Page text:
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Business Ethics

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Business Ethics ­MGT610
VU
LESSON 03
THEORY OF ETHICAL RELATIVISM
Some theorists maintain that moral notions apply only to individuals, not to corporations
themselves. They say that it makes no sense to hold businesses "responsible" since businesses
are more like machines than people. Others counter that corporations do act like individuals,
having objectives and actions, which can be moral or immoral just as an individual's action
might be.
In 2002, for example, the Justice Department charged the accounting firm of Arthur Andersen
for obstruction of justice. Arthur Andersen was caught shredding documents showing how they
helped Enron hide its debt through the use of several accounting tricks. Critics afterward
claimed that the Justice Department should have charged the individual employees of Arthur
Andersen, not the company, because "Companies don't commit crimes, people do."
Perhaps neither extreme view is correct. Corporate actions do depend on human individuals
who should be held accountable for their actions. However, they also have policies and culture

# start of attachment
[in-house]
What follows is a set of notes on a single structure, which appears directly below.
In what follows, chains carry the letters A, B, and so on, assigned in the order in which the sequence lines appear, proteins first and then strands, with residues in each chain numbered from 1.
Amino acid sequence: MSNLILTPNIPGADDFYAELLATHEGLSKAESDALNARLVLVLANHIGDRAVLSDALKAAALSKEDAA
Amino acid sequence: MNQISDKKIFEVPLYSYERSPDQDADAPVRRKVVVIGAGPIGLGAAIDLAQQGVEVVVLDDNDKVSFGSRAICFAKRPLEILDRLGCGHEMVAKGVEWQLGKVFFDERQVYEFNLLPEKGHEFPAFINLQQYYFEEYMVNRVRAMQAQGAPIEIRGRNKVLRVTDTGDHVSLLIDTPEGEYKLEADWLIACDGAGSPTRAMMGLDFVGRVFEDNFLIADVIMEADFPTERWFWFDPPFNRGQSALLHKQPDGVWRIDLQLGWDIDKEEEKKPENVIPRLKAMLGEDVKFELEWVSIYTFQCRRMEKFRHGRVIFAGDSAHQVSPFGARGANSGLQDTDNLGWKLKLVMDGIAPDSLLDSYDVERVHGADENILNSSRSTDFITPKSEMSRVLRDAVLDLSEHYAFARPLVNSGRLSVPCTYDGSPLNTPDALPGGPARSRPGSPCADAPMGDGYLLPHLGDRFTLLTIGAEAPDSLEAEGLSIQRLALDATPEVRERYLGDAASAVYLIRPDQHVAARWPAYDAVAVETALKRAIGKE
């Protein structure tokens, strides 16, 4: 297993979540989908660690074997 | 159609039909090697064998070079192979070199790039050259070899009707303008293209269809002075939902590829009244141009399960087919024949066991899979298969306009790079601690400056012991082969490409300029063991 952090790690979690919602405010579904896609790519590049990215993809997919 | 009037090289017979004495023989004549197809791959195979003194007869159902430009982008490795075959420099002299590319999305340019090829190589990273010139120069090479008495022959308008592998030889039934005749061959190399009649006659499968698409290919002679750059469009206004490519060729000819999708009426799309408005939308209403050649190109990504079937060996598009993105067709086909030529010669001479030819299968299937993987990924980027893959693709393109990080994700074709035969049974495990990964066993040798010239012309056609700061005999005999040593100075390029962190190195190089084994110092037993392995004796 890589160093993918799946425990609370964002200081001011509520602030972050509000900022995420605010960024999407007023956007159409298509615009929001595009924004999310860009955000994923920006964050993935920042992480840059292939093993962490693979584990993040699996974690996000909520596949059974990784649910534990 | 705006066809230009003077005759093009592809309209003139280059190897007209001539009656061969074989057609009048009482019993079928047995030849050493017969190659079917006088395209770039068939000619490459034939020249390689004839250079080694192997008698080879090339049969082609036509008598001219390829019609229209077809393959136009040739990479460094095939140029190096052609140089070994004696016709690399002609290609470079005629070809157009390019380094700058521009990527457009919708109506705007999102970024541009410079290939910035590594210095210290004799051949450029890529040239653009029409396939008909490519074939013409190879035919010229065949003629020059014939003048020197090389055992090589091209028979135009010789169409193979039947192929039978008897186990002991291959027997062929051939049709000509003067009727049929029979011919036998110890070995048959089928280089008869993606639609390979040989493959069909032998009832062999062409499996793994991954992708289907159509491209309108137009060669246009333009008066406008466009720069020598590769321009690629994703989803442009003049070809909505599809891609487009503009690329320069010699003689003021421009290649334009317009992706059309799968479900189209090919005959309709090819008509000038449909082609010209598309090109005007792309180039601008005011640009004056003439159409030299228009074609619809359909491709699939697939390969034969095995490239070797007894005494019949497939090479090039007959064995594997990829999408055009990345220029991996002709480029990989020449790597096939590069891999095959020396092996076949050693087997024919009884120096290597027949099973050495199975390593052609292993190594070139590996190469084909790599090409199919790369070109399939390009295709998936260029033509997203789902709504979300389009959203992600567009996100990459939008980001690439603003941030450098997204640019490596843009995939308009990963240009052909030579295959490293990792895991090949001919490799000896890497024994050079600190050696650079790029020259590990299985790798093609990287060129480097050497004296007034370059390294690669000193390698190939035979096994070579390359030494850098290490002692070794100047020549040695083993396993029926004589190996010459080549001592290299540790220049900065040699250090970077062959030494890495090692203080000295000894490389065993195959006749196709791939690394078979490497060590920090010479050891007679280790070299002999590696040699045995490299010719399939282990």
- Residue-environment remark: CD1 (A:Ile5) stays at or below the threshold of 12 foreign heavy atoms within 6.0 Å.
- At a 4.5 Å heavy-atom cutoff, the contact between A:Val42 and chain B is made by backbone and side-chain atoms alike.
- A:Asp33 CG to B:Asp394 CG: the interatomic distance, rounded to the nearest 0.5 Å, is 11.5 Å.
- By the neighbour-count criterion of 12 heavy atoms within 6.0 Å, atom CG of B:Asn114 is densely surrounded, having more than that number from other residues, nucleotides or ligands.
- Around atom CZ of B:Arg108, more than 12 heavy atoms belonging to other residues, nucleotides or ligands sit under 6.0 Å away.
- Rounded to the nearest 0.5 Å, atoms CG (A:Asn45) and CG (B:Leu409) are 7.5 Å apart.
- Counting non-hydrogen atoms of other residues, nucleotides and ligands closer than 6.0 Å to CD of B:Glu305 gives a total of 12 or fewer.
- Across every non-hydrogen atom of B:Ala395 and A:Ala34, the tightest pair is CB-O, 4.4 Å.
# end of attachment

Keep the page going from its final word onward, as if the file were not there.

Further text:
that direct individuals, and should therefore be held accountable for the effects of these
corporate artifacts.
Nonetheless, it makes perfectly good sense to say that a corporate organization has moral duties
and that it is morally responsible for its acts. However, organizations have moral duties and are
morally responsible in a secondary sense; a corporation has a moral duty to do something only
if some of its members have a moral duty to make sure it is done, and a corporation is morally
responsible for something only if some of its members are morally responsible for what
happened.
Virtually all of the 500 largest U.S. industrial corporations today are multinationals. Operating
in more than one country at once produces a new set of ethical dilemmas. Multinationals can
escape environmental regulations and labor laws by shifting to another country, for example.
They can shift raw materials, goods, and capital so that they escape taxes. In addition, because
they have new technologies and products that less developed countries do not, multinationals
must decide when a particular country is ready to assimilate these new things. They are also
faced with the different moral codes and laws of different countries. Even if a particular norm
is not unethical, they must still decide between competing standards in their many operations.
Ethical relativism is the theory that, because different societies have different ethical beliefs, there
is no rational way of determining whether an action is morally right or wrong other than by asking
whether the people of this or that society believe it to be right or wrong by asking whether people of
a particular society believe that it is. In fact, the multiplicity of moral codes demonstrates that there
is no one "right" answer to ethical questions. The best a company can do is follow the old adage,